About 21GW of capacity to be built without government funding
Most of these projects expected to start operating by end-2020
China announced the first batch of clean energy projects that will be built without financial support from the government, putting renewable power on a path to compete with existing coal and gas-fired generation.
The country will develop 20.8 gigawatts of renewable projects this year that can only profit from selling electricity into grids at prices equal to or less than coal power, according to a joint statement from the National Development & Reform Commission and National Energy Administration. That includes 14.8 gigawatts of solar and 4.5 gigawatts of wind capacity.
The announcement is set to trigger a wave of new solar projects in the second half of this year because now that a list of subsidy-free plants has been drawn up, provinces are allowed to organize the bidding process required for projects seeking government aid, according to Shen Zhifeng, an analyst at UOB-Kay Hian Holdings Ltd. in Shanghai.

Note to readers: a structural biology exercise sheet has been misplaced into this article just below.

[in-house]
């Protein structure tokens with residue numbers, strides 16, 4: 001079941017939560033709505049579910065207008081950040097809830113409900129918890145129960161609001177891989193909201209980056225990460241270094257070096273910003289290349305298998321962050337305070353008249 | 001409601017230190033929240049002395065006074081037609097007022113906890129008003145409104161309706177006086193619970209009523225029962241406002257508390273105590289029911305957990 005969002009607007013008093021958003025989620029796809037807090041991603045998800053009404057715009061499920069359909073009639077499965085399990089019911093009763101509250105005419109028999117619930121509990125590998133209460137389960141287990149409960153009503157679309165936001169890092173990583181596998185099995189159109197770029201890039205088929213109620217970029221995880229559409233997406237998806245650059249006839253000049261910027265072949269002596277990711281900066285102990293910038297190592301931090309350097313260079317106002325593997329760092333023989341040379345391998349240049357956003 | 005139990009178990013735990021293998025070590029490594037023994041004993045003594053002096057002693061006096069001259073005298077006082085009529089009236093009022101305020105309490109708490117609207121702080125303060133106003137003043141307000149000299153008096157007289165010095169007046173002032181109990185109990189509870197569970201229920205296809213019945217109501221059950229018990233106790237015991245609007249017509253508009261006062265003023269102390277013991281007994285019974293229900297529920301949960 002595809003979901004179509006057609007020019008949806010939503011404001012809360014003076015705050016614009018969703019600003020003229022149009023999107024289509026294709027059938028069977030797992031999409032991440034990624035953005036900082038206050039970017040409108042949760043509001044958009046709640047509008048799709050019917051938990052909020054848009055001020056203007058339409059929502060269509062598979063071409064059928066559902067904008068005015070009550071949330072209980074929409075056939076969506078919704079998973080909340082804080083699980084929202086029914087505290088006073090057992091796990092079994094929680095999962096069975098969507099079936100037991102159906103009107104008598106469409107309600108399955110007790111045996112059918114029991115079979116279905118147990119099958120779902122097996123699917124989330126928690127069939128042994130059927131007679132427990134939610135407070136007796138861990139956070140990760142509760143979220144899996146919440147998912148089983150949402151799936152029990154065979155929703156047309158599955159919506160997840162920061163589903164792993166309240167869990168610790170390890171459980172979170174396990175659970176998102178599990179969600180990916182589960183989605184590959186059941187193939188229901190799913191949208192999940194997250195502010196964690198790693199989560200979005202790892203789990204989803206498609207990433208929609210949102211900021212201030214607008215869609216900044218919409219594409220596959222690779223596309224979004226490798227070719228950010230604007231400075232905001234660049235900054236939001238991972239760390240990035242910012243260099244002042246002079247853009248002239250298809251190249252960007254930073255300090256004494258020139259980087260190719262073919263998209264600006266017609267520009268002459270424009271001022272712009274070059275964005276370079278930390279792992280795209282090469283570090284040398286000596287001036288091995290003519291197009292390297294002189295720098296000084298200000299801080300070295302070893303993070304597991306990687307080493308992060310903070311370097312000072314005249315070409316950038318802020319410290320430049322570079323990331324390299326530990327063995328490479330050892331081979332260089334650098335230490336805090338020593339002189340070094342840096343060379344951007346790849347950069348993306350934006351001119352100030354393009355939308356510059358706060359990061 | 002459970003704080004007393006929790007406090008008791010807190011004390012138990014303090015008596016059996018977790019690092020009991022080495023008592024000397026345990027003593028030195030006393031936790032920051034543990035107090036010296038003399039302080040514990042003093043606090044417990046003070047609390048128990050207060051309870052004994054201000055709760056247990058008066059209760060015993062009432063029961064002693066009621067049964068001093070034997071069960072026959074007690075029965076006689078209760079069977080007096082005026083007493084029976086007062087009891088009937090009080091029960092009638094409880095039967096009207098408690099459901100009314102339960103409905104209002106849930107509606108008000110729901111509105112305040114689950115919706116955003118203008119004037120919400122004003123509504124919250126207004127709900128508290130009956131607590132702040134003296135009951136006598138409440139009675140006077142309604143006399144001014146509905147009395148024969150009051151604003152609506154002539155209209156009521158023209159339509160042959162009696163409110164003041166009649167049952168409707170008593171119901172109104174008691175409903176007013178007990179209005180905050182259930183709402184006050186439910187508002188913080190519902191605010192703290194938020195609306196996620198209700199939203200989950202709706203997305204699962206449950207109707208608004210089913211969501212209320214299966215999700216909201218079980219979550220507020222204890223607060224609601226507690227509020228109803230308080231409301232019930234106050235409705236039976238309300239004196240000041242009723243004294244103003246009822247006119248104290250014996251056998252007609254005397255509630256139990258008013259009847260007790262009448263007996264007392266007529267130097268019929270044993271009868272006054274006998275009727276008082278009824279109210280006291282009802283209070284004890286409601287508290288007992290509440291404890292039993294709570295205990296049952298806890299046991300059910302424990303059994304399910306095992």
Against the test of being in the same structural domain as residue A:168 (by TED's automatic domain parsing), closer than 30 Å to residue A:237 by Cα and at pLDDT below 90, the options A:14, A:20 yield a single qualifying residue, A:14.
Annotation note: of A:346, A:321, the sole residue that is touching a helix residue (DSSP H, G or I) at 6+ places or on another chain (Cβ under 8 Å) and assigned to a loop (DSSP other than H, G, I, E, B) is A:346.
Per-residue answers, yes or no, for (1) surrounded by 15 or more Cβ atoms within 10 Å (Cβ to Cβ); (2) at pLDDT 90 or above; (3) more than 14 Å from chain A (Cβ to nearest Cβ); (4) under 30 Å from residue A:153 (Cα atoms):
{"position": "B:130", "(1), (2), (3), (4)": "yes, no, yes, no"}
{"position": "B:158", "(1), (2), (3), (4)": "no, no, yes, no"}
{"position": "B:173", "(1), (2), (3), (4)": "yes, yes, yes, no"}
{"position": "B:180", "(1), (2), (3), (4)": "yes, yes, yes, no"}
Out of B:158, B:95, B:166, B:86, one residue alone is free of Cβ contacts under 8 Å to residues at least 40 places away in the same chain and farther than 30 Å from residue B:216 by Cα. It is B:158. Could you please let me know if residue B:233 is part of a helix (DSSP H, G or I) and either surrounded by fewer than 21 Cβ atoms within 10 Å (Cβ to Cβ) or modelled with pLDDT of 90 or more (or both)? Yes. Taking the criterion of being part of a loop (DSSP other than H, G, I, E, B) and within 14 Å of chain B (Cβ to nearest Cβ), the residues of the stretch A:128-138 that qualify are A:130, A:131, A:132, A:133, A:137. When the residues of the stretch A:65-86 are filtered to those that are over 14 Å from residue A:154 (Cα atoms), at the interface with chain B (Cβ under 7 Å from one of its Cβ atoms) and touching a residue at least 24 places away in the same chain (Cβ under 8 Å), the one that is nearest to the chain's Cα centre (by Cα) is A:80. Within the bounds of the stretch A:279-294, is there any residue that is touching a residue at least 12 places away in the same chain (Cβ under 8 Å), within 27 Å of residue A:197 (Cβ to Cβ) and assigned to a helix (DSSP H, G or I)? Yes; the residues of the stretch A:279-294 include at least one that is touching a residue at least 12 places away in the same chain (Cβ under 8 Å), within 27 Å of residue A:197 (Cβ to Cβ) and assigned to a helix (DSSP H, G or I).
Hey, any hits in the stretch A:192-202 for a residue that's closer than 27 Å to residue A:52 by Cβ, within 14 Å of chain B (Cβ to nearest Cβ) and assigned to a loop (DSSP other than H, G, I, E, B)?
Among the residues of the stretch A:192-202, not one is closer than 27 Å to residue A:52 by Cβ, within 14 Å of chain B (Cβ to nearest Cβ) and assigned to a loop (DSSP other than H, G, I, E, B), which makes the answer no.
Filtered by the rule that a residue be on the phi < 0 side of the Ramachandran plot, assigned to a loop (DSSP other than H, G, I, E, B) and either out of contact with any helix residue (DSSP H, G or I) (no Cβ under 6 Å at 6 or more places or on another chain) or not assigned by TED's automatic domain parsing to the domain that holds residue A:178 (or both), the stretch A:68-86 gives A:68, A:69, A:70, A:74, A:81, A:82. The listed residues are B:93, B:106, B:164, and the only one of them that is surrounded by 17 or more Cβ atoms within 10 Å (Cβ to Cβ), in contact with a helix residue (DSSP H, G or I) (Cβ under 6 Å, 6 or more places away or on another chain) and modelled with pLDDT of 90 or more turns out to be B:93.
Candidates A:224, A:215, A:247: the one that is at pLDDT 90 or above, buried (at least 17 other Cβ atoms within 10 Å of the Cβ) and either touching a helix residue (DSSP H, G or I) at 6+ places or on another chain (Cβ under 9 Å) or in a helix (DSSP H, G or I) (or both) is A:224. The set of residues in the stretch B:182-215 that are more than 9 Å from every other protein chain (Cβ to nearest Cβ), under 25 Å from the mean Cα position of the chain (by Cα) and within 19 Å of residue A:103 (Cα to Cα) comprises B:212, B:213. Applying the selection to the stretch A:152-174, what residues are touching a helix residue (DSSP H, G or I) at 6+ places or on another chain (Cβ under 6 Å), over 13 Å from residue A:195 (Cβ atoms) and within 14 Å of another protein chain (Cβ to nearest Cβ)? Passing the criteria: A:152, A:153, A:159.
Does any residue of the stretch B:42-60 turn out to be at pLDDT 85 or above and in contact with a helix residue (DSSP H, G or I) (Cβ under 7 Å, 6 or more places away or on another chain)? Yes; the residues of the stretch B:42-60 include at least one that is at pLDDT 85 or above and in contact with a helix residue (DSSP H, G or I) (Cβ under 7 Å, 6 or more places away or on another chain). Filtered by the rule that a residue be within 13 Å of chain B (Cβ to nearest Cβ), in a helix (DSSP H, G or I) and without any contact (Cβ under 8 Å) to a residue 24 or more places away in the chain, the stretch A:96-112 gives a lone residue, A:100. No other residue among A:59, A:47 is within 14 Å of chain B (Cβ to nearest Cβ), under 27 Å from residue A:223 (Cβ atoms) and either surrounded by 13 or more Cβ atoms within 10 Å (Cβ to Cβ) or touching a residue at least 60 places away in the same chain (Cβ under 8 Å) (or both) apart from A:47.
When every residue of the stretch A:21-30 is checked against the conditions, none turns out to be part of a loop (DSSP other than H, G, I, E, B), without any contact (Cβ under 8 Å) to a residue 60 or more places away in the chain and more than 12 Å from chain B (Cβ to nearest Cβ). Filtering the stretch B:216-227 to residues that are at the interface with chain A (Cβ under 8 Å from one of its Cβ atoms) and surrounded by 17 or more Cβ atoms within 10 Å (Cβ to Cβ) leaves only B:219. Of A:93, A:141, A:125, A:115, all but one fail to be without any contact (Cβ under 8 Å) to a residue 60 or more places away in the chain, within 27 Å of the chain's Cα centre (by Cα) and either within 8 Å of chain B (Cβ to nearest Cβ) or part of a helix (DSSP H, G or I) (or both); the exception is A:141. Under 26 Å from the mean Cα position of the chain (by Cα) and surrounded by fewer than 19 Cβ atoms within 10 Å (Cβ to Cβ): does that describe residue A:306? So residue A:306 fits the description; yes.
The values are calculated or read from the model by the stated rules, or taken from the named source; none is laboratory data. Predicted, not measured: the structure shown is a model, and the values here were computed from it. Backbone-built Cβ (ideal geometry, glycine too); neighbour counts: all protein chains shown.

China has turned to renewables to cut its reliance on coal and fight against pollution. The nation has subsidized clean power plants for years, but is shifting toward a more market-driven approach to rein in its large subsidy bills that resulted from a green investment boom. It has also announced policies to boost clean energy use, including setting mandatory consumption targets and giving priority grid access to subsidy-free plants.
The country’s solar industry is poised for long-term growth, analysts at Fitch Solutions Inc. said in a research note this month. They estimate that China will add 37 gigawatts of capacity in 2019, which is slower than the 44 gigawatts in 2018 and 53 gigawatts in 2017.
Other details from the statement:
- Projects will be built across 16 provinces such as Guangdong, Shaanxi, Henan and Heilongjiang.
- Most developments are expected to start commercial operation in 2019 and 2020.
- Grid companies are asked to sign power purchase agreements of at least 20 years with project operators.